Context & Culture

Lizards of Afghanistan: An unknown collection discovered in Serbia


Lizards far from home. Some of the specimens brought back from Afghanistan in 1972 and now part of the Belgrade collection of lizards from Afghanistan at the Siniša Stanković Institute for Biological Research at the University of Belgrade. Photo: Jelena Bjelica

Lizards far from home. Some of the specimens brought back from Afghanistan in 1972 and now part of the Belgrade collection of lizards from Afghanistan at the Siniša Stanković Institute for Biological Research at the University of Belgrade. Photo: Jelena Bjelica

In the summer of 1972, Serbian ornithologist Voislav Vasić travelled to Afghanistan and brought back a collection of lizards. It was a favour to a herpetologist (specialist in reptiles and amphibians) colleague. The collection, practically forgotten since has been rediscovered and re-examined by a Czech herpetologist Daniel Jablonski who published a paper with Serbian colleagues about it in May 2019. For Jablonski the collection’s rediscovery was thrilling, given that, he says, “Afghanistan [is] one of the most important herpetological regions of the world.” AAN’s Jelena Bjelica reports on Vasić’s long-ago adventure and on the new light the collection has shed on reptile biodiversity in Afghanistan.

The Afghan summer of 1972

Back in 1972, Voislav Vasić was a young scientist studying birds at the Siniša Stanković Institute for Biological Research at the University of Belgrade. He was also a fledgeling adventurer who knew one thing for sure, that, as he put it ‘travel was in my blood’. That wanderlust was to take him to Afghanistan. “We did not know much about Afghanistan’s birds back in the 1970s,” he told AAN. “It was like a journey into the unchartered waters of birdwatching.”

Vasić left a secure job and, with a little inheritance money and what he could gather from selling his car (an old Fiat 500), prepared to head east. He promised two of his colleagues and friends at the institute, one a herpetologist, the other a mammologist, that he would bring back specimens for them as well. He packed animal traps and specimen jars next to his birdwatching gear, camera and medicine, and faithfully carried this bulky baggage all the way to Afghanistan. Roughly following the Hippie Trail, he first jumped on a bus from Belgrade to Istanbul, then, carrying on overland, travelled to Tehran, and finally into Afghanistan via Islam Qala in Herat province. In Afghanistan, he travelled from Herat via Kandahar and Ghazni to Kabul. From there, he drove through the Central Highlands all the way up to Faryab and further west to Badghis province. He also ventured to Badakhshan, Nangrahar and Panjshir. In short, he managed to travel to most of the country, collecting specimens and making observations along the way.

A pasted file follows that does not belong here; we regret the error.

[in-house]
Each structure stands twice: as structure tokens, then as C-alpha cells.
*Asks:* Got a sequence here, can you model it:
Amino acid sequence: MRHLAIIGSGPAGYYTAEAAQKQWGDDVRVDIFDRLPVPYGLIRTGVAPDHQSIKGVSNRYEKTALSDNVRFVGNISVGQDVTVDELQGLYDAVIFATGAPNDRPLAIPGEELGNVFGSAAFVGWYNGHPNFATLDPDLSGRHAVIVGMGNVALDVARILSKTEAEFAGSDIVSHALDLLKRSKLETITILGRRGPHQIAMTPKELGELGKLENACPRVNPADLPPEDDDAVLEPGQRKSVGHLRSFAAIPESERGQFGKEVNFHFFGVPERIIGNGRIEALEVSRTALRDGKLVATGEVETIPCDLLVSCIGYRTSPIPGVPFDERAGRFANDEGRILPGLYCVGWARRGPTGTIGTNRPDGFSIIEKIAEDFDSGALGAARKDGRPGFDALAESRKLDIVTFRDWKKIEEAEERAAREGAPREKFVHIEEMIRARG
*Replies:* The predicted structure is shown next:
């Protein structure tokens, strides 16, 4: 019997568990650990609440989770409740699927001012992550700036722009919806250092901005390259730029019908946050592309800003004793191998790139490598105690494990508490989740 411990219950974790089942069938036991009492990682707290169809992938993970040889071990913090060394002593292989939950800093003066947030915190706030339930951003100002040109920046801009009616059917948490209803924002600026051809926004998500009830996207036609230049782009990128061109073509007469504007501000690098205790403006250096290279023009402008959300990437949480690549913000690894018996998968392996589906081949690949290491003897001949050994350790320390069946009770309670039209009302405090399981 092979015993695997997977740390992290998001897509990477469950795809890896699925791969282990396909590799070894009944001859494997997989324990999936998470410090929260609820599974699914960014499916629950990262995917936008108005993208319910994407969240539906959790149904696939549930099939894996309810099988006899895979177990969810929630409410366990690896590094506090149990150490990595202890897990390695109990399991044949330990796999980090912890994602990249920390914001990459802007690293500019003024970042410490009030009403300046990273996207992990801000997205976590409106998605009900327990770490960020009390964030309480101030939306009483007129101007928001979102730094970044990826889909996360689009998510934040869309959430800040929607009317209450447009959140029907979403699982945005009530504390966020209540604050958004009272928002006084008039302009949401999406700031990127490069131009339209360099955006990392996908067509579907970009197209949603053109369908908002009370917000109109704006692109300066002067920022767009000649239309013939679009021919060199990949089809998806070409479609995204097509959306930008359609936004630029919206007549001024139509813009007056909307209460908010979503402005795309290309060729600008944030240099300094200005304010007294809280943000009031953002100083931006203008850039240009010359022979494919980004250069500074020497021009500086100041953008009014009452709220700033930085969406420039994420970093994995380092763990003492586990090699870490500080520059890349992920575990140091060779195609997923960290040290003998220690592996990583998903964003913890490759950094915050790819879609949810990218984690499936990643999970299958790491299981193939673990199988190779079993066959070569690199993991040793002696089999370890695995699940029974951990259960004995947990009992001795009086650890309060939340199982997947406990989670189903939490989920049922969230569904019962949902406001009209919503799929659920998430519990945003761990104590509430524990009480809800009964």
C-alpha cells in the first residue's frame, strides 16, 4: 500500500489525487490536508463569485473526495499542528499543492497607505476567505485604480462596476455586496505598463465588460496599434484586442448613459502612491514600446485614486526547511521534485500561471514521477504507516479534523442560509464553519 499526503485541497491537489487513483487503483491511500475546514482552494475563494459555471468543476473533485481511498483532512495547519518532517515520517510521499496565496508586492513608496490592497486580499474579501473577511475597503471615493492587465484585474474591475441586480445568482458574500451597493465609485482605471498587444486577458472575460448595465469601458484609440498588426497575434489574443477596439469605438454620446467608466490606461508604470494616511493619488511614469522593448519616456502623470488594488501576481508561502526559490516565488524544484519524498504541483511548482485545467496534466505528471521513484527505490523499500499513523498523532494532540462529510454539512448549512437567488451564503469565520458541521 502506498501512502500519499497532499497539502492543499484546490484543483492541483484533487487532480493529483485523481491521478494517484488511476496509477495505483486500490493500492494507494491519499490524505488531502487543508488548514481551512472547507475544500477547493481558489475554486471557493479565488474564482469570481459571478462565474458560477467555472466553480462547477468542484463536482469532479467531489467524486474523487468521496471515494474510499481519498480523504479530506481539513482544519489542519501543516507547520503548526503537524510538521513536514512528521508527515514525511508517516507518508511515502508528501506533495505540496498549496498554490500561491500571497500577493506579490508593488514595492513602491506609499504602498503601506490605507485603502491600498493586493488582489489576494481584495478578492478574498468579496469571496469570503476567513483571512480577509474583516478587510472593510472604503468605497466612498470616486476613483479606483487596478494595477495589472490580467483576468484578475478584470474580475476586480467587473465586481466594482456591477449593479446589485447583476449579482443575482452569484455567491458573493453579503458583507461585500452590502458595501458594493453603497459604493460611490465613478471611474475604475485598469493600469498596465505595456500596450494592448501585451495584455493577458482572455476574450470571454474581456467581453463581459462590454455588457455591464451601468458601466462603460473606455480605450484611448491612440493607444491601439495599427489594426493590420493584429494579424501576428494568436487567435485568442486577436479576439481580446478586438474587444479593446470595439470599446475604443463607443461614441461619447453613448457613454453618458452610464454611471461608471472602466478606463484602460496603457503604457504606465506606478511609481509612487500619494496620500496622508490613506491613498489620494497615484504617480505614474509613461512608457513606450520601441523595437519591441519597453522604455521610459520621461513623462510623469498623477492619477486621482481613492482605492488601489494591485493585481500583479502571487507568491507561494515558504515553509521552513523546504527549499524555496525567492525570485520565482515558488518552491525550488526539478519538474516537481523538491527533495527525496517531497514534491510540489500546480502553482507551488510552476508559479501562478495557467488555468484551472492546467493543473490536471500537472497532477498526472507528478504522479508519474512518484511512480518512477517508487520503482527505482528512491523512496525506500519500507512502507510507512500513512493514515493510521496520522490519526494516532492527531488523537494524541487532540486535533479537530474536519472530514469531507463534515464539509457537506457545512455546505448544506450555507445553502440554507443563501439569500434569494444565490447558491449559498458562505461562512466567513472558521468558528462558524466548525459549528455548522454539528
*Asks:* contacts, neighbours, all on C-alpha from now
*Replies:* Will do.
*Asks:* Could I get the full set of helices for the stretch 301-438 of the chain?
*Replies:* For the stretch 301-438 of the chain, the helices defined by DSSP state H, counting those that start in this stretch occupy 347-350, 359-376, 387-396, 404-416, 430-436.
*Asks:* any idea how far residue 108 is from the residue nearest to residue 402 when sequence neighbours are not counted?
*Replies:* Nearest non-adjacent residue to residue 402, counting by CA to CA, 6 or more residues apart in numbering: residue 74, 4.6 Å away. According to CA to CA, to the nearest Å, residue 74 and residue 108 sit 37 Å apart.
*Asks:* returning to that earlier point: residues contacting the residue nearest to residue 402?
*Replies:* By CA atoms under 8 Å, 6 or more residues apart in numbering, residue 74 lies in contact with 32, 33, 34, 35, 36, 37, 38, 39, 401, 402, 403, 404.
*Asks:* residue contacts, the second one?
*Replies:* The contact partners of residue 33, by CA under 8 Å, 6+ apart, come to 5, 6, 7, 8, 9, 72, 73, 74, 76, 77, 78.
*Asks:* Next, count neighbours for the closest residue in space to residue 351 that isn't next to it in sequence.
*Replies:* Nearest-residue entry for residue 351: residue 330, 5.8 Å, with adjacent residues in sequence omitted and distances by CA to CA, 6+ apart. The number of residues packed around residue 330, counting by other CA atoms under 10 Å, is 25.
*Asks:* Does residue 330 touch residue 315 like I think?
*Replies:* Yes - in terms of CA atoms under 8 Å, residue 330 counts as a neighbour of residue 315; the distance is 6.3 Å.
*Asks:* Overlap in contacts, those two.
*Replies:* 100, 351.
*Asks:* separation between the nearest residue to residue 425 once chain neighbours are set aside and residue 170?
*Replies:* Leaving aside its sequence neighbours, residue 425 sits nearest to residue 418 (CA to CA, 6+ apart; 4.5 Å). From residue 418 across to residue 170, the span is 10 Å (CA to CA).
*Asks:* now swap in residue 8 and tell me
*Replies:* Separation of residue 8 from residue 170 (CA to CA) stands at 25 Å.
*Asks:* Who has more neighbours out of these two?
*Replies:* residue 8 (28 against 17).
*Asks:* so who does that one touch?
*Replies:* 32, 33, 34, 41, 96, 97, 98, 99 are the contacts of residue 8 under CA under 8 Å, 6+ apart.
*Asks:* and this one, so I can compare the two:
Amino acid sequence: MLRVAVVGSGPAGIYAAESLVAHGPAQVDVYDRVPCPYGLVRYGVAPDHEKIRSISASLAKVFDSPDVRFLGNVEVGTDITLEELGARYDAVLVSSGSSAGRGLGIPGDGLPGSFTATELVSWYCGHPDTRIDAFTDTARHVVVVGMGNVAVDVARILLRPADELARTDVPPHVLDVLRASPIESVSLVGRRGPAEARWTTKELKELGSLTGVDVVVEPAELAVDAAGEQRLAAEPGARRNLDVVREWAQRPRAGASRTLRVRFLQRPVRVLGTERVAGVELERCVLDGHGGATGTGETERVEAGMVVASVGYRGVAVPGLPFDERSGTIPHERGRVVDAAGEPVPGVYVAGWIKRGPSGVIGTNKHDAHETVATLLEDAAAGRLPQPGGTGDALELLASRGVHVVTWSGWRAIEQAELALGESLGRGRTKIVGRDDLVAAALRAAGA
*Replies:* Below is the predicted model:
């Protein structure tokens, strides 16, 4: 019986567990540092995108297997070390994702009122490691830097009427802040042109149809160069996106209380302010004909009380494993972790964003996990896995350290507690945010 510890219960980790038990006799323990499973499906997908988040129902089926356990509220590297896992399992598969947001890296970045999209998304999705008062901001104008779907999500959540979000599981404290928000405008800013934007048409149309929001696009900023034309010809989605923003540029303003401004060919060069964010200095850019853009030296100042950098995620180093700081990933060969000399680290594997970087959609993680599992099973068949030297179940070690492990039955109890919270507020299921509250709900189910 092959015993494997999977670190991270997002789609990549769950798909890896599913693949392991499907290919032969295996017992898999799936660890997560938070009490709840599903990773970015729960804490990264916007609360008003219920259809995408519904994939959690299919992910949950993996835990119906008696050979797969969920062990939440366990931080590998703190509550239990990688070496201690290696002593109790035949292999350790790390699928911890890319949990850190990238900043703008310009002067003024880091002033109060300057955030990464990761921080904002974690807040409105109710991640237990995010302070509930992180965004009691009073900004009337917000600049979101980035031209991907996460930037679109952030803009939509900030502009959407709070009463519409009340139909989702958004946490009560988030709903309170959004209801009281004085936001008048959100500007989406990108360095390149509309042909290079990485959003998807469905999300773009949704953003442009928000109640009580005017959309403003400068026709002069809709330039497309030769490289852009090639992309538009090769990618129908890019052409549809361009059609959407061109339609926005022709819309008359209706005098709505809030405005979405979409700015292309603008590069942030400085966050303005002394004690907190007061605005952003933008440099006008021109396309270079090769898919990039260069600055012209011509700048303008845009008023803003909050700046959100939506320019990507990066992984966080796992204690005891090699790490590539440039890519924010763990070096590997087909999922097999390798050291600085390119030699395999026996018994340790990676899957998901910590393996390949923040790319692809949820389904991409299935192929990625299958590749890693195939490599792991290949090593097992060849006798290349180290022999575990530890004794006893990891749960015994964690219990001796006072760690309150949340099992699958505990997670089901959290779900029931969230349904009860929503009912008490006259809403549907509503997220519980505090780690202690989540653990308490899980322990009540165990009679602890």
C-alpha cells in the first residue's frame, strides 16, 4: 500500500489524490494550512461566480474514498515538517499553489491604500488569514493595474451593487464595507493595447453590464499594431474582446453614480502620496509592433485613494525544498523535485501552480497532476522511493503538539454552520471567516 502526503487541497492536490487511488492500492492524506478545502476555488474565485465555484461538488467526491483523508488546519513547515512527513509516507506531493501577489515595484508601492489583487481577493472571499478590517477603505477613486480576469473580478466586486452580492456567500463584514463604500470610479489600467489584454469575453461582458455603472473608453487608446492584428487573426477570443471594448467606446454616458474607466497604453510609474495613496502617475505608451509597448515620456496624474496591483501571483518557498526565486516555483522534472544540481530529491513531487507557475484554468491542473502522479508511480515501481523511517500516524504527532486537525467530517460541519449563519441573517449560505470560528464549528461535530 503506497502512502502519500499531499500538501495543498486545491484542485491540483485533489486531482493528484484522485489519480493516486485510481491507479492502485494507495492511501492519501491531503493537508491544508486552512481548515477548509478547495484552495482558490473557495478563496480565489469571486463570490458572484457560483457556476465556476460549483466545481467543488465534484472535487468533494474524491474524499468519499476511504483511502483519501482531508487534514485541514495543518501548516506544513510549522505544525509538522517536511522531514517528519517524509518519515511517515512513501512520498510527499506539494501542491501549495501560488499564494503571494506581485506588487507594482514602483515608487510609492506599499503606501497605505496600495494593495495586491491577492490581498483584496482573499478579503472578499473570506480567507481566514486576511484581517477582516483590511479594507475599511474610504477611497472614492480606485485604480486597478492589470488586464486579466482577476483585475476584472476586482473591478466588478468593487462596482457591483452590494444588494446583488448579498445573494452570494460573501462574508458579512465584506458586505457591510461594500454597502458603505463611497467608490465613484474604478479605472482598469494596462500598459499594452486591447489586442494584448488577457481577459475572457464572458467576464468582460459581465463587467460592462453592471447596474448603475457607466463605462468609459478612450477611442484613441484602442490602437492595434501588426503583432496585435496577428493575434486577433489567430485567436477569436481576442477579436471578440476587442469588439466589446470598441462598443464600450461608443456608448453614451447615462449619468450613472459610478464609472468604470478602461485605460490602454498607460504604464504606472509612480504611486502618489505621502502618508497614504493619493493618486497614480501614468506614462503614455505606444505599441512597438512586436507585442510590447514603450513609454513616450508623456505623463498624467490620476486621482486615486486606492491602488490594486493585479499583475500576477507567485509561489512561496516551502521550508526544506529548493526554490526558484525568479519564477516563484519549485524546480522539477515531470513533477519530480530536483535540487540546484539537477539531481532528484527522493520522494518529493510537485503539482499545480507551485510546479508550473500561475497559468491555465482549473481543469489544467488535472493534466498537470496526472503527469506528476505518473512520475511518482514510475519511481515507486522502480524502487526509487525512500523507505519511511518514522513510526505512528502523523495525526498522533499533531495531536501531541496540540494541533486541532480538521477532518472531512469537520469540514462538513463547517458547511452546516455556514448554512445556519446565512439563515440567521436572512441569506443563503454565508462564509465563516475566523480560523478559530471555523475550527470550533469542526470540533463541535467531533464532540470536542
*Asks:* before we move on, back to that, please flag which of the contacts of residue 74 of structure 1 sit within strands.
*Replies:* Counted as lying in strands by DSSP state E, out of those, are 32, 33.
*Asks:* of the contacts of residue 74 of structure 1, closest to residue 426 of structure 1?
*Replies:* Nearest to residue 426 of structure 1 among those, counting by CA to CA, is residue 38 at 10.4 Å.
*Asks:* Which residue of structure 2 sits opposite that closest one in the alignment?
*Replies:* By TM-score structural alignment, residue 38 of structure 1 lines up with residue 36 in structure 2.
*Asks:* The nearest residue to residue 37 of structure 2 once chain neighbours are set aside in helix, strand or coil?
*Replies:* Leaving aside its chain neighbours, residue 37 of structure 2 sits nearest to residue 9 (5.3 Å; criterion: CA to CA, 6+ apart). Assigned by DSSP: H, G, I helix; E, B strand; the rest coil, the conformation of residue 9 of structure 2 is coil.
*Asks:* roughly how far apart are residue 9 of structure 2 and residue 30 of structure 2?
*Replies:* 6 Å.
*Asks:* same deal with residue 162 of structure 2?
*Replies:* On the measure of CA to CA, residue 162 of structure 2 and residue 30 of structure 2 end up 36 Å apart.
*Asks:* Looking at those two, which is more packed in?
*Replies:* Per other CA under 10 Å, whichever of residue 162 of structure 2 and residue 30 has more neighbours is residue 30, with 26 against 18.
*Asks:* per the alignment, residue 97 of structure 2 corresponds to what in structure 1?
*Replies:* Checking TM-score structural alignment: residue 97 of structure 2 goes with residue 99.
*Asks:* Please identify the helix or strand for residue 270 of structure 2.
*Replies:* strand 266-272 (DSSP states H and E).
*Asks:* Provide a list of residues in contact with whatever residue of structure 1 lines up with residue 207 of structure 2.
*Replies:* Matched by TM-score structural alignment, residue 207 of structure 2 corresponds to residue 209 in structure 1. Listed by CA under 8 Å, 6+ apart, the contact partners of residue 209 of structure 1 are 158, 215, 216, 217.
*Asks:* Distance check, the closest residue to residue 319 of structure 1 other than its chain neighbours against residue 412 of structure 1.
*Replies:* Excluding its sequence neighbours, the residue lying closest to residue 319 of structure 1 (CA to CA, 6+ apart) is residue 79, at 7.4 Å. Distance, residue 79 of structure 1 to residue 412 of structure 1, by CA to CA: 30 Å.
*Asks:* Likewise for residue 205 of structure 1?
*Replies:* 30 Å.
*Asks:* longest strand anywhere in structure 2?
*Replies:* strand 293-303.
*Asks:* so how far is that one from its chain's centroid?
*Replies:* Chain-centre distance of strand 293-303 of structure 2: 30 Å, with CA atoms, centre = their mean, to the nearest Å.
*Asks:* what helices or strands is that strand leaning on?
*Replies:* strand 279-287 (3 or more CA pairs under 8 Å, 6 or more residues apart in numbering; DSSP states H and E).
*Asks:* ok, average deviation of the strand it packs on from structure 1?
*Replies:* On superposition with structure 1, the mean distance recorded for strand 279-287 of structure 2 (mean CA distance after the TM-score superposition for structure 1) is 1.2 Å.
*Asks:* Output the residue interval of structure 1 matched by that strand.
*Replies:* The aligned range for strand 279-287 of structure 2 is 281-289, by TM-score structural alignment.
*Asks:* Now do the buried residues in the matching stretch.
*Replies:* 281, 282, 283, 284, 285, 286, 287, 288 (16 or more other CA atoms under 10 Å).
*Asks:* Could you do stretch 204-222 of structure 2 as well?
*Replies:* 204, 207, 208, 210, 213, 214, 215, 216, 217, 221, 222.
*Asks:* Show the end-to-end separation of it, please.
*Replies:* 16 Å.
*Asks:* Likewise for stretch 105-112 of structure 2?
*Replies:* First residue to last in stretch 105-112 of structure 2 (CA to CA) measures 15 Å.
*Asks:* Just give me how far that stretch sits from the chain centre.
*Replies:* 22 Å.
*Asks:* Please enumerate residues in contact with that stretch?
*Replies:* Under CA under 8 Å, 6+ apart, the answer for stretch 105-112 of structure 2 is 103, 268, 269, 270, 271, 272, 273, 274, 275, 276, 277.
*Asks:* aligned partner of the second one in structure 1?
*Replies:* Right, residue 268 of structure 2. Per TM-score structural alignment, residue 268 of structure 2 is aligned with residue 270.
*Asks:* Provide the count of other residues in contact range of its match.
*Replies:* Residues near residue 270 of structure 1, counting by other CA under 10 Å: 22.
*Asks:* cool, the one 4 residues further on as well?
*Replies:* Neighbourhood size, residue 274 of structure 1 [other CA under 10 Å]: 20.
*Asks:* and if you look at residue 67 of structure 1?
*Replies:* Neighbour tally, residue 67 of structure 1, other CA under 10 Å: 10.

During Vasić’s stay in Afghanistan, his luggage was raided a couple of times by curious Afghans. The mice traps were lost for good at the beginning of the journey, along with his determination to bring back samples of mammals. A couple of jars filled with lizard specimens also went missing at the end of his adventure. Vasić believes the thieves had been after the alcohol in which he preserved the collected specimens.

I had not been able to find pharmaceutical alcohol in the pharmacies in Kabul. They were selling only methyl alcohol, which is green. Alas, neither the green colour of the alcohol, nor the specimens in the jars stopped those thieves from ‘borrowing’ my jars.

It was late August of 1972 when Vasić returned to Belgrade, carrying 27 specimens of lizards and amphibians back with him. He handed them over to his colleague in the Siniša Stanković Institute.

About the Afghan lizard collection

The friend and lizard-loving colleague from the beginning of this tale who was the intended recipient of Vasić’s collection was Gregor Džukić. Vasić recalls that his colleague was not sure what to do with all the specimens as, in the 1970s, there was almost no literature on Afghan herpetofauna (reptiles and amphibians). Nevertheless, the two men presented a paper, “A Contribution to the Herpetofauna of Afghanistan” in 1974 at the Fourth Congress of the Biologists of Yugoslavia, held in Sarajevo. They had examined the specimens and determined the subspecies levels according to the ‘biodiversity keys’ and taxonomy then being used to identify species and subspecies. (1) Their paper, however, was little quoted in international academic works. Thereafter, the collection was carefully stored in the refrigerators and dark rooms of the Biological Institute. For almost 30 years, even during the 1990s when Yugoslavia fell apart through bloody civil wars, the Afghan lizards remained safe in their jars.

After 2000, as Serbia embarked on series of democratic transitions after the fall of Milošević’s regime, the biological Institute was also re-invigorated. Džukić, just before his retirement, together with a new generation of biologists who joined the Institute in the late 2010s, began a lengthy process of cataloguing the Institute’s herpetological collections. It took several years to complete.